I love Star Wars. I love books. I love children’s picture books. And where those roads intersect? Nirvana.
It should, therefore, come as no surprise that I have a sizable Star Wars library that includes novels, chapter books, comic books, picture books, educational workbooks, board books, and basically anything else you can think of. I’ve got entirely too many.
But there are a few that really hit the sweet spot. Given my specific love for the format, I adore picture books that tell original stories–and aren’t just retellings or adaptations. With that in mind, I recently wrote about some forgotten gems of the Star Wars publishing backlist: original picture books from 1977 to 1985ish. There were a surprising number of books published during this time, but there weren’t many original stories being told.
The Expanded Universe was still in its infancy, and even though the Marvel comics were telling some truly wackadoo stories that took the characters in new directions, the books were far less… experimental. In the years before The Empire Strikes Back especially, authors were basically flying blind. There wasn’t an official canon. Lucasfilm wasn’t ensuring a single, cohesive, and consistent storyline. And authors had no idea where the story was going.
It was the Wild West of Star Wars storytelling, if you will.
In November of 1978, the Star Wars Holiday Special aired on CBS. Once. But once was enough for the show to become infamous. It’s since been called the worst two hours of television ever produced, and George Lucas himself has said, “If I had the time and a sledgehammer, I would track down every copy of that show and smash it.”
Soon after the special aired, The Wookiee Storybook hit bookstore shelves. It’s an original story not technically tied to the TV special; nevertheless, it’s the closest thing to official Holiday Special merchandise that was ever released. That alone makes it remarkable and cements its place in the history of Star Wars.
So what’s it about? First of all, I’m going to assume you’ve seen the Holiday Special. If not, you really should correct that oversight.
The gang’s all here: Lumpy, Malla, and Itchy are all preparing for Chewbacca’s 200th birthday in their treetop home. Lumpy wants to surprise his dad with his favorite dessert, wasaka berry pudding, but wasaka berries are only found in the “Nother World,” the dangerous, swampy depths of the Kashyyyk jungle.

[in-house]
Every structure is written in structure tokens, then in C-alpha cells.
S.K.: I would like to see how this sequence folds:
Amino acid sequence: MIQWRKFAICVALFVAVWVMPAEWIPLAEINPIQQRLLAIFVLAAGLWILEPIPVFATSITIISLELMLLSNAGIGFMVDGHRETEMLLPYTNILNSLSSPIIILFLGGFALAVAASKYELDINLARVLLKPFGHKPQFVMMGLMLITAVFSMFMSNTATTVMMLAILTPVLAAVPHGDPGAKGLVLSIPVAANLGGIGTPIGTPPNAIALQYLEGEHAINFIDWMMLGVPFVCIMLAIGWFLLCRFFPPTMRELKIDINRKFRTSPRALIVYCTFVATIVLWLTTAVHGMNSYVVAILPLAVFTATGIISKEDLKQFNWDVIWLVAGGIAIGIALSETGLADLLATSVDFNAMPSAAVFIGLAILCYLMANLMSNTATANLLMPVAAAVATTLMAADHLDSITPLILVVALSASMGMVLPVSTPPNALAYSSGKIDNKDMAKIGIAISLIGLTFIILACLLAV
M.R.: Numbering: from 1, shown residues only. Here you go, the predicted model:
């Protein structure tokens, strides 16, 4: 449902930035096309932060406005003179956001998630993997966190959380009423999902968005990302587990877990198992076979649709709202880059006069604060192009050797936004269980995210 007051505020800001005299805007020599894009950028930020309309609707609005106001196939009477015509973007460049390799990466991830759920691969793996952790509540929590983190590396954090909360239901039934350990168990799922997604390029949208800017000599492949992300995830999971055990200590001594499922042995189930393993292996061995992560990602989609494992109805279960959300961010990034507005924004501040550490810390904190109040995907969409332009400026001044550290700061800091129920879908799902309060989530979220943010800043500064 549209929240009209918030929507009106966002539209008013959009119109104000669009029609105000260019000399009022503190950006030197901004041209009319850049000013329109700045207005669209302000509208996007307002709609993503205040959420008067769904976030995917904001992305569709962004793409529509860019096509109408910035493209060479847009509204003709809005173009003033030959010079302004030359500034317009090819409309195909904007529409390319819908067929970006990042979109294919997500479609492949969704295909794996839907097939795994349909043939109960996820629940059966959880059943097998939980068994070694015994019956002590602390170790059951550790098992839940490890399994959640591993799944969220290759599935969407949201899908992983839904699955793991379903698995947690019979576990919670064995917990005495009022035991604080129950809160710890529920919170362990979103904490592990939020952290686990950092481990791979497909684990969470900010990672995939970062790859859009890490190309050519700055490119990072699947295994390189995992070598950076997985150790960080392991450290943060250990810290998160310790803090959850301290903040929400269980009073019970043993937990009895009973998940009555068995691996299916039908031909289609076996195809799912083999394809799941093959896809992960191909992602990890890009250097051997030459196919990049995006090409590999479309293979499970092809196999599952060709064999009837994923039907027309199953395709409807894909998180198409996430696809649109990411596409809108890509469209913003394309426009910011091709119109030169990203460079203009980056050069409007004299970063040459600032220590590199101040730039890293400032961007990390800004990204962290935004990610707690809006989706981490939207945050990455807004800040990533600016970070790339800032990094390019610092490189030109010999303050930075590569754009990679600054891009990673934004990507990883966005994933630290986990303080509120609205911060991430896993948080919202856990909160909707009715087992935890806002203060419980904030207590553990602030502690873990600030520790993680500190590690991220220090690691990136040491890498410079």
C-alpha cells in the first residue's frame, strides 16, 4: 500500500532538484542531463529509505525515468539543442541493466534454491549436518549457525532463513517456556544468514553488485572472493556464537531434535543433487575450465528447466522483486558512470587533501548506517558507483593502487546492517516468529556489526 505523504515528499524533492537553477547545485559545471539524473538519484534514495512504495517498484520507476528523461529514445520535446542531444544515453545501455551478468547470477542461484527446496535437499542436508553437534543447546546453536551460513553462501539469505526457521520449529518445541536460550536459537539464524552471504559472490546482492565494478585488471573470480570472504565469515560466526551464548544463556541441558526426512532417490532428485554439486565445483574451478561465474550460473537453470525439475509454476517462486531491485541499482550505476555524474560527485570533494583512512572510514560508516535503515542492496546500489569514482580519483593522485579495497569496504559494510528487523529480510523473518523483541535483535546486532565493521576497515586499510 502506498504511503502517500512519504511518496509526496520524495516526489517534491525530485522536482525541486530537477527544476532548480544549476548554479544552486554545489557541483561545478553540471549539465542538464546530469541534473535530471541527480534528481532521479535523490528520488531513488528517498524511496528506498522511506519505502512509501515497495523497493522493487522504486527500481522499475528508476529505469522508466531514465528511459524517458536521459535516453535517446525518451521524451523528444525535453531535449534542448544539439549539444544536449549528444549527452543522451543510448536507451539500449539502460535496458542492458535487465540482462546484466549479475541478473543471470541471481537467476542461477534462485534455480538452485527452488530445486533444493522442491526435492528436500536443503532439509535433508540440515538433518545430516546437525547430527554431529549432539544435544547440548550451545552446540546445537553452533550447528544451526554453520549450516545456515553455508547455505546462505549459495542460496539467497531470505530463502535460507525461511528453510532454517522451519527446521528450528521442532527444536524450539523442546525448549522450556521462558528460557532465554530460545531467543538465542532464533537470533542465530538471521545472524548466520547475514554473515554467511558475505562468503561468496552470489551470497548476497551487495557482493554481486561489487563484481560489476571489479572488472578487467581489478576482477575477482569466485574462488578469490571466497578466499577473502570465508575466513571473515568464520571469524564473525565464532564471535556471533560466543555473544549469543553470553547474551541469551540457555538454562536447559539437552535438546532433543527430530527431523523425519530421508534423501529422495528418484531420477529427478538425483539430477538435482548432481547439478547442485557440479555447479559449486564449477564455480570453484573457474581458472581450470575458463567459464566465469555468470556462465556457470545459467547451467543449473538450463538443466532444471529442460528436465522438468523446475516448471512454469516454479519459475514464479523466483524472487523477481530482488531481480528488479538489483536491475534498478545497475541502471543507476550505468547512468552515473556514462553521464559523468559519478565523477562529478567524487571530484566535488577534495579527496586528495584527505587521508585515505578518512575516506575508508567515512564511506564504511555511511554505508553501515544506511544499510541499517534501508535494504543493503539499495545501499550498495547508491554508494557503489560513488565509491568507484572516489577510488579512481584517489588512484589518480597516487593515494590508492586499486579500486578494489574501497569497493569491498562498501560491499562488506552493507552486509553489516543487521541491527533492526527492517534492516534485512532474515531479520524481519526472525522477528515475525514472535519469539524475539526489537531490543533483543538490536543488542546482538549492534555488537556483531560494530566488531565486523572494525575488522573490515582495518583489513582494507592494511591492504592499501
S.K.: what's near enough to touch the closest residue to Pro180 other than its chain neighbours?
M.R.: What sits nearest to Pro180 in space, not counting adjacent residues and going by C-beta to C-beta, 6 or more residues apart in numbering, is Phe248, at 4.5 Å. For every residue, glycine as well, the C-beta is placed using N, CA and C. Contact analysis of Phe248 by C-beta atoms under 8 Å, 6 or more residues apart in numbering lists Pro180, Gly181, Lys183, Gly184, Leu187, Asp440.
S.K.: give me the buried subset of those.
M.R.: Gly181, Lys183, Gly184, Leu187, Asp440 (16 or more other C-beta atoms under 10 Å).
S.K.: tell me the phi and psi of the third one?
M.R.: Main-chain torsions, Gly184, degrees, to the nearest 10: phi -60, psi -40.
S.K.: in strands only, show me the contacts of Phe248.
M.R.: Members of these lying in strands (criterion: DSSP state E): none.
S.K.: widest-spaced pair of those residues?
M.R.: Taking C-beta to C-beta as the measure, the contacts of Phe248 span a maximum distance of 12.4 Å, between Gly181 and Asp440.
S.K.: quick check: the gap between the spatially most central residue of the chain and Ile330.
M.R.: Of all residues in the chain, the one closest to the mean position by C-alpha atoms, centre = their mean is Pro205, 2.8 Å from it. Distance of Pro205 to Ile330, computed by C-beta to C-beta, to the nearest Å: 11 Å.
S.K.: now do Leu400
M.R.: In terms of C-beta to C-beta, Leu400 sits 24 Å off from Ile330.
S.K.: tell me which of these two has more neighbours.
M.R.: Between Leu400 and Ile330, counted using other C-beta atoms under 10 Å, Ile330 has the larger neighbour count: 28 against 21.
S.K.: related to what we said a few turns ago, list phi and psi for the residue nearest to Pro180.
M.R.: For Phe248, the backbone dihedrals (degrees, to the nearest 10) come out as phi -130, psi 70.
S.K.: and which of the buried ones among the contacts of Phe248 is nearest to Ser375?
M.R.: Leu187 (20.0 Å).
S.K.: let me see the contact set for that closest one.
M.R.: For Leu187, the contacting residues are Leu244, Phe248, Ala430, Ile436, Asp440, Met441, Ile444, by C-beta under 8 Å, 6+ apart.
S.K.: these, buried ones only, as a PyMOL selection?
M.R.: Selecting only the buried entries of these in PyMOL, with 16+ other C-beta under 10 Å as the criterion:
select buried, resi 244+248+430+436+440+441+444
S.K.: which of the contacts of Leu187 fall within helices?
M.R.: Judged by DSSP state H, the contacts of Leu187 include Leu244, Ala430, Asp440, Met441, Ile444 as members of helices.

Itchy tries to cheer up Lumpy with a tale of how the Wookiees first came to Kashyyyk and why he has an absent father. It’s during this story that we learn that Chewbacca (along with many other Wookiees) was captured and sold into slavery. So yeah, Chewie was a slave. He only gained his freedom when Han Solo decided to attack the slave traders and free ALL of the Wookiees. Solo then “chose Chewbacca to be his official protector.” This was apparently a great honor for all Wookiees.
As you can probably guess, Lumpy is inspired by this story and excited to see his dad (who’s coming home for his birthday), so he heads off in search of wasaka berries. One thing leads to another and soon enough, he gets lost and in trouble. But this is where the beauty of pre-Empire Strikes Back, free-reign storytelling comes into play.
Are you ready to have your mind blown?
Are you sure?
In 1979, Wookiees were telepathic. They could use “thought waves” to talk to one another. Concerned about her missing son, Malla sends out telepathic thought waves to Chewie for help. Chewie, probably light years away on the Millennium Falcon, receives her thought waves and immediately springs into action.
I’m not even going to dwell on the “super-sensitive tracking camera” aboard the Falcon that could deliver a video feed from Kashyyyk’s Nother World, but once they found poor Lumpy (about to get eaten by a monster), Chewie breaks out the Falcon’s sweet two-man explorer craft that no one ever mentioned before and goes to rescue his son.
Chewie finds him, of course, and the story ends with a surprisingly sweet moment between father and son. But the revelations included in this 38-page book are monumental:
- Chewbacca was a slave.
- Han Solo is the legendary emancipator of the entire Wookiee species.
- Wookiees are telepathic!
- The Millennium Falcon has the universe’s best spy camera.
- The Millennium Falcon has a two-person explorer jet (emergency use only).
Clearly, this book is totally bonkers. But I absolutely love it for what it is: a window into a young Star Wars on the cusp of becoming a worldwide phenomenon. This is one of the seeds of the Expanded Universe, and even though Disney and Lucasfilm would happily disown this book (and the source material on which it’s loosely based), it shows just how far the franchise has come and how much it’s grown.